The 1 Dec 2018 IUPAC (International Union of Pure and Applied Chemistry) Periodic Table of The Elements. For updates to this table click here.
By virtue of its work in relation with the chemical elements, IUPAC can dispense a periodic table that is up-to-date. IUPAC involvement covers various aspects of the table and data that it unveils, and several reports and recommendations, some quite recent, attest of that input.
In particular, IUPAC is directly involved in the following:
establishing the criteria for a new element discovery
defining the structure of a temporary name and symbol
assessing claims resulting in the validation and assignation of an element discovery
coordinating the naming of a new element, involving the research laboratory and allowing for public comments
setting up precise rules for how to name a new element
The Periodic Table of the Isotopes, published by International Union of Pure and Applied Chemistry (IUPAC), is now available from the Commission on Isotopic Abundances and Atomic Weights, which is a commission under the Inorganic Division (Division II) of IUPAC.
The text identifies four types of atom, with respect to isotopes:
Element has two or more isotopes that are used to determine its standard atomic weight. The isotopic abundances and atomic weights vary in natural terrestrial substances. These variations are well known, and the standard atomic weight is given as lower and upper bounds within square brackets, [ ].
Element has two or more isotopes that are used to determine its standard atomic weight. The isotopic abundances and atomic weights vary in natural terrestrial substances, but upper and lower bounds of the standard atomic weight have not been assigned by IUPAC or the variations may be too small to affect the standard atomic weight value. Thus, the standard atomic weight is given as a single value with an uncertainty that includes both measurement uncertainty and uncertainty due to variations in isotopic abundances.
Element has only one isotope that is used to determine its standard atomic weight. Thus, the standard atomic weight is
invariant and is given as a single value with an IUPAC evaluated measurement uncertainty.
Element has no standard atomic weight because all of its isotopes are radioactive and, in natural terrestrial substances, no isotope occurs with a characteristic isotopic abundance from which a standard atomic weight can be determined.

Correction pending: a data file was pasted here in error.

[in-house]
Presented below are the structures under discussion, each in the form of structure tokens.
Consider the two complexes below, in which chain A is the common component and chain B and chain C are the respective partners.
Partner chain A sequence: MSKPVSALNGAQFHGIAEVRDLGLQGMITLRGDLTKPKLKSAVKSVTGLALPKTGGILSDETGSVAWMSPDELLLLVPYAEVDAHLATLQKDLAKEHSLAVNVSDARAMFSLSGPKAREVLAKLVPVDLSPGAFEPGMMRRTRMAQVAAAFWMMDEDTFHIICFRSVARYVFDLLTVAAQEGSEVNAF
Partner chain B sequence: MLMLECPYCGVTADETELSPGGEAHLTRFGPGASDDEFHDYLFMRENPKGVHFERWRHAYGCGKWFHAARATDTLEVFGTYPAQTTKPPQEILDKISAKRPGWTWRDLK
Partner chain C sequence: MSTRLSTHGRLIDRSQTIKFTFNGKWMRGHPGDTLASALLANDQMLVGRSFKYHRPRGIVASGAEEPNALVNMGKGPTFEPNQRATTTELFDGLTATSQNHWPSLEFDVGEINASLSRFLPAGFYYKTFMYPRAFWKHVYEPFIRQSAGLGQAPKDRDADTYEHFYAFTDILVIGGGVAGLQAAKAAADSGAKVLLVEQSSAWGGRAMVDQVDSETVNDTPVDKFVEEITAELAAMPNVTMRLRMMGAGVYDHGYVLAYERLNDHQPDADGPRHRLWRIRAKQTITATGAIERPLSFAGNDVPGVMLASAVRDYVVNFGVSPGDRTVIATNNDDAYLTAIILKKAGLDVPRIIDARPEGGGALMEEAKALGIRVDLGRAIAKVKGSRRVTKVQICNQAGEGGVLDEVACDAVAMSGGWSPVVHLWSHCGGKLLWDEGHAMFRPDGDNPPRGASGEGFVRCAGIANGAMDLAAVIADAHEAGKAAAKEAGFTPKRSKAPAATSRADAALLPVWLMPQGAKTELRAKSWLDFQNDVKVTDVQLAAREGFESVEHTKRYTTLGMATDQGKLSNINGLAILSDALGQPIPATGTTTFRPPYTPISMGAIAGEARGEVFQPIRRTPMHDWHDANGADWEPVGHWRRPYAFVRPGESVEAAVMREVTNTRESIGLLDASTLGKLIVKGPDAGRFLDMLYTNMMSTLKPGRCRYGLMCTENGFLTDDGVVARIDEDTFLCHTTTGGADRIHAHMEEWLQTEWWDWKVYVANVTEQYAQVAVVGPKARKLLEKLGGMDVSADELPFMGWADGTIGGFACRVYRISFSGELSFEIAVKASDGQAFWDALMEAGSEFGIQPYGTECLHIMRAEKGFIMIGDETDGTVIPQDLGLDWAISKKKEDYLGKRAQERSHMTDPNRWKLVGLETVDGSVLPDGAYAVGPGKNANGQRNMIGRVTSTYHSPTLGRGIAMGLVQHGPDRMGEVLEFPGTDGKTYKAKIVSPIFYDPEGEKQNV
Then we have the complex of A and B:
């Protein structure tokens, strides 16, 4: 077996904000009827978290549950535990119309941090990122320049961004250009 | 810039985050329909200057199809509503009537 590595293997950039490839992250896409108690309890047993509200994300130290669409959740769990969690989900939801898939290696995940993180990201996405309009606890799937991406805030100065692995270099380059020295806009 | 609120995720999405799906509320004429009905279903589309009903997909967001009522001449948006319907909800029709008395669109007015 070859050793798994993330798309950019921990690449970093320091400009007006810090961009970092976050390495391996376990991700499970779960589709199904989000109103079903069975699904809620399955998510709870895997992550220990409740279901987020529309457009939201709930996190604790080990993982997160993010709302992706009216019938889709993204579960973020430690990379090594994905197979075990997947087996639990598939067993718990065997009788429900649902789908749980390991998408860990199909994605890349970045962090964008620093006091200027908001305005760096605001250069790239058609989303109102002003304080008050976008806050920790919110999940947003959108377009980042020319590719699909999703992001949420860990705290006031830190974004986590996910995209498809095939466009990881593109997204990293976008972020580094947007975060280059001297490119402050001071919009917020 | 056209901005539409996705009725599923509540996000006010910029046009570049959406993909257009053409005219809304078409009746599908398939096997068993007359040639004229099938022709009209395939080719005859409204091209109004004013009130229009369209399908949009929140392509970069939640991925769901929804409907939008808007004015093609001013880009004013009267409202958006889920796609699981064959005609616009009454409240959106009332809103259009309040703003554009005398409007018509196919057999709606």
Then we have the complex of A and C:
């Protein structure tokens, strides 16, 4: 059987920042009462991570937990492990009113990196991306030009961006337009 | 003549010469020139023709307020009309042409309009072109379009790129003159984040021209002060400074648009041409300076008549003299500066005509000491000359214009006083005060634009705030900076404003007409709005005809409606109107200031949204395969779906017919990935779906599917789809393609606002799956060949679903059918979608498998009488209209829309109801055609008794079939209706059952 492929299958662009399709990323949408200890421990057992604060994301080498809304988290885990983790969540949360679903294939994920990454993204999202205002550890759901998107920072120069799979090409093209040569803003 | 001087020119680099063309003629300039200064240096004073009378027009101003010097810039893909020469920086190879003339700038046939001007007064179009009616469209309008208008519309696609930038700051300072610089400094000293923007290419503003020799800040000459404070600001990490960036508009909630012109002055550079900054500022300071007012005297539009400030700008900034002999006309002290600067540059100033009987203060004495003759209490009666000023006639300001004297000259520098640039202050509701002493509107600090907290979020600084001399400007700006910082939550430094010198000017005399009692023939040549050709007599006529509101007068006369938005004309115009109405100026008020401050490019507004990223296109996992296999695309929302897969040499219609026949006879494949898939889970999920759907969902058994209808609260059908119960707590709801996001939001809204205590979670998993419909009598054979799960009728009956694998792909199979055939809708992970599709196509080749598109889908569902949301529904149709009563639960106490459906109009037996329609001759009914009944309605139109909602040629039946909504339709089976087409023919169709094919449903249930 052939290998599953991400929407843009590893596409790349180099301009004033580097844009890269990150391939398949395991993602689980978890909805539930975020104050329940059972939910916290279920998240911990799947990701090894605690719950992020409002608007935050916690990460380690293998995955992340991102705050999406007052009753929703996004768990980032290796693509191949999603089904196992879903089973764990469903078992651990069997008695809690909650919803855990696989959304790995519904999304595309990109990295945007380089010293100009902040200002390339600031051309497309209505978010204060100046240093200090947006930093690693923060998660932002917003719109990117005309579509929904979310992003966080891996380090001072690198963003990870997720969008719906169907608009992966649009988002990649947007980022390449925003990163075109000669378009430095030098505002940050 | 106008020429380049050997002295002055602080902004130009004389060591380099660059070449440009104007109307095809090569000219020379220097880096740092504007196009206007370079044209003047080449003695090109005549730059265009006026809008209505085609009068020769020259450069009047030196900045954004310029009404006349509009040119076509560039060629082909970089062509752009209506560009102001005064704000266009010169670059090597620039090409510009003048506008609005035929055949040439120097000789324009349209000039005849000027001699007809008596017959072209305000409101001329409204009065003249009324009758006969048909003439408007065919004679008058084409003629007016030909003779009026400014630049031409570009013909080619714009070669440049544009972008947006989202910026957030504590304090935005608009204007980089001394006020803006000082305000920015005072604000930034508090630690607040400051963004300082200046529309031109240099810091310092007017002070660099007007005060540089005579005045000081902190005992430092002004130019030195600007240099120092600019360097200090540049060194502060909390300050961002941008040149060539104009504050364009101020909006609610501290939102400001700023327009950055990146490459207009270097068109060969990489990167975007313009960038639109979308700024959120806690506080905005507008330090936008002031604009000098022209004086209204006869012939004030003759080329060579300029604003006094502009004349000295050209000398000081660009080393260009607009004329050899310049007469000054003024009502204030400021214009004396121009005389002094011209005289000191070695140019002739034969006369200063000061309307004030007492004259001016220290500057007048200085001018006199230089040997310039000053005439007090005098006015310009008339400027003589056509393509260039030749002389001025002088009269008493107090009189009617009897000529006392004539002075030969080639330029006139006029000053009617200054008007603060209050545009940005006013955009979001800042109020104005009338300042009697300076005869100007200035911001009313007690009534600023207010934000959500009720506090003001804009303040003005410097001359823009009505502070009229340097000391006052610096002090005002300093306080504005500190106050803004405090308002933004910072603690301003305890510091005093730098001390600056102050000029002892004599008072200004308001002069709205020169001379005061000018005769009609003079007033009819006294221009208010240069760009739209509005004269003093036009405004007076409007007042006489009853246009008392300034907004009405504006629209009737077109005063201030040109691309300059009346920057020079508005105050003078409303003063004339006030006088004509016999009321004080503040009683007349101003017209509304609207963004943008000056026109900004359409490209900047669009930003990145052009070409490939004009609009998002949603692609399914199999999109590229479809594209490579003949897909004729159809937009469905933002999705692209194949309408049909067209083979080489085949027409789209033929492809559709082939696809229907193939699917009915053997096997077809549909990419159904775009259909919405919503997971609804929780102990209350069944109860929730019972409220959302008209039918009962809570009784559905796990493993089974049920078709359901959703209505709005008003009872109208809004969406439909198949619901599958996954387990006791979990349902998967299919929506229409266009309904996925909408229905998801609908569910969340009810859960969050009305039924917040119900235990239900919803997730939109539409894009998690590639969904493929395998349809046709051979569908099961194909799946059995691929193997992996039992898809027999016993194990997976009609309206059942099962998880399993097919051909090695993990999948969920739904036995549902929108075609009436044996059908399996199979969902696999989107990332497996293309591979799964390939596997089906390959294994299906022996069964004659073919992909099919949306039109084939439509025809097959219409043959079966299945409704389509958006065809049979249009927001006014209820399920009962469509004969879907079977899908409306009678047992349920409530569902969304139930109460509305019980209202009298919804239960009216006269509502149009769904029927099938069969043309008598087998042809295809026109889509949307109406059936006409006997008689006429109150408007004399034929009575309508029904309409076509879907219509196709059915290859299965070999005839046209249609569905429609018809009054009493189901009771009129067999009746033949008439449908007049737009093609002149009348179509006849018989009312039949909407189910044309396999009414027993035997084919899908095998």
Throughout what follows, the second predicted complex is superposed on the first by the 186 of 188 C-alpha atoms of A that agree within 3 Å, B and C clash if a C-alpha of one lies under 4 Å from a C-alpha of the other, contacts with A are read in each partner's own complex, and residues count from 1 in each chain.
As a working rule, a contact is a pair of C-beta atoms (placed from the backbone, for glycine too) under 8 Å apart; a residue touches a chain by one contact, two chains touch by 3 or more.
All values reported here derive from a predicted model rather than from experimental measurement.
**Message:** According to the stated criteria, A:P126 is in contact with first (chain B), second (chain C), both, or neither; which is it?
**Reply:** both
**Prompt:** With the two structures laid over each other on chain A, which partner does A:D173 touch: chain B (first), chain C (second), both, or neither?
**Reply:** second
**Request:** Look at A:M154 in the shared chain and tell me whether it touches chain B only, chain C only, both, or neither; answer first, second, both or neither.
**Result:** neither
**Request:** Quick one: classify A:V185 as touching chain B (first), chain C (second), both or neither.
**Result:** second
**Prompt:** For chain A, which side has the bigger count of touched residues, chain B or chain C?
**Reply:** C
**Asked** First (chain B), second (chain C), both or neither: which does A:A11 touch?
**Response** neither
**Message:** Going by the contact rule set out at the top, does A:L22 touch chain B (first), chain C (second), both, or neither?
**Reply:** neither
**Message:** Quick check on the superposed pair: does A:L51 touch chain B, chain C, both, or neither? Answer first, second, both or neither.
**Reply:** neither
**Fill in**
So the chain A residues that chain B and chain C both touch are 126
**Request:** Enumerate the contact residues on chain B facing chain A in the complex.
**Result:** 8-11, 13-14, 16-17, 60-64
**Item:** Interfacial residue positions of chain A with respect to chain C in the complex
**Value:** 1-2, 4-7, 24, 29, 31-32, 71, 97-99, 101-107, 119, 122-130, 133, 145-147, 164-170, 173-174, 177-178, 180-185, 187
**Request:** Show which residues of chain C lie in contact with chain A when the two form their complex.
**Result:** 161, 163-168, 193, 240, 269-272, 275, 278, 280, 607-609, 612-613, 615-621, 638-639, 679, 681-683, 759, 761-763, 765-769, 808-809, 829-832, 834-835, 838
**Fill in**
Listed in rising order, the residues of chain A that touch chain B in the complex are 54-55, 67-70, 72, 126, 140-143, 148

For the iPhone and iPad, JR's Chemistry Set makes chemistry interesting and fun to learn. Based upon the innovative Rota Period, it is a handy and powerful reference tool for chemistry enthusiasts and practitioners at all ages and all levels.
The procedure involved plotting the data, rotating 90°, squeezing vertically and smoothing. The points need a little tidying up, and then they can be mapped directly onto the Seaborg formulation periodic table.
The only element which does no obviously 'line-up' with the periodic table is hydrogen, but many modern periodic tables have H floating as it is not obvious if it should be considered to be a Group 1 alkali metal or a Group 17 halogen.
There are advantages and disadvantages to each data set. The 1st ionisation energy data from NIST is known with up to seven significant figures of precision, but the data jumps about at times due to the presence of the s & p-orbitals, which appears to make the data a little noisy. (Actually, this 'noise' is embedded information about the electronic structure of the atoms.) The atomic radius gives smoother data, but as gas phase atoms do not have hard edges calculated (Clementi 1967) rather than experimental values, must be used.
In his book Concise Inorganic Chemistry (pp. 22, 5th Ed, Blackwell Science, 1996), J.D. Lee gives a representation of "Quantum numbers, the permissible number of electrons & the shape of the periodic table".
Note: JD Lee taught Inorganic Chemistry to the curator of this database of periodic tables while at university: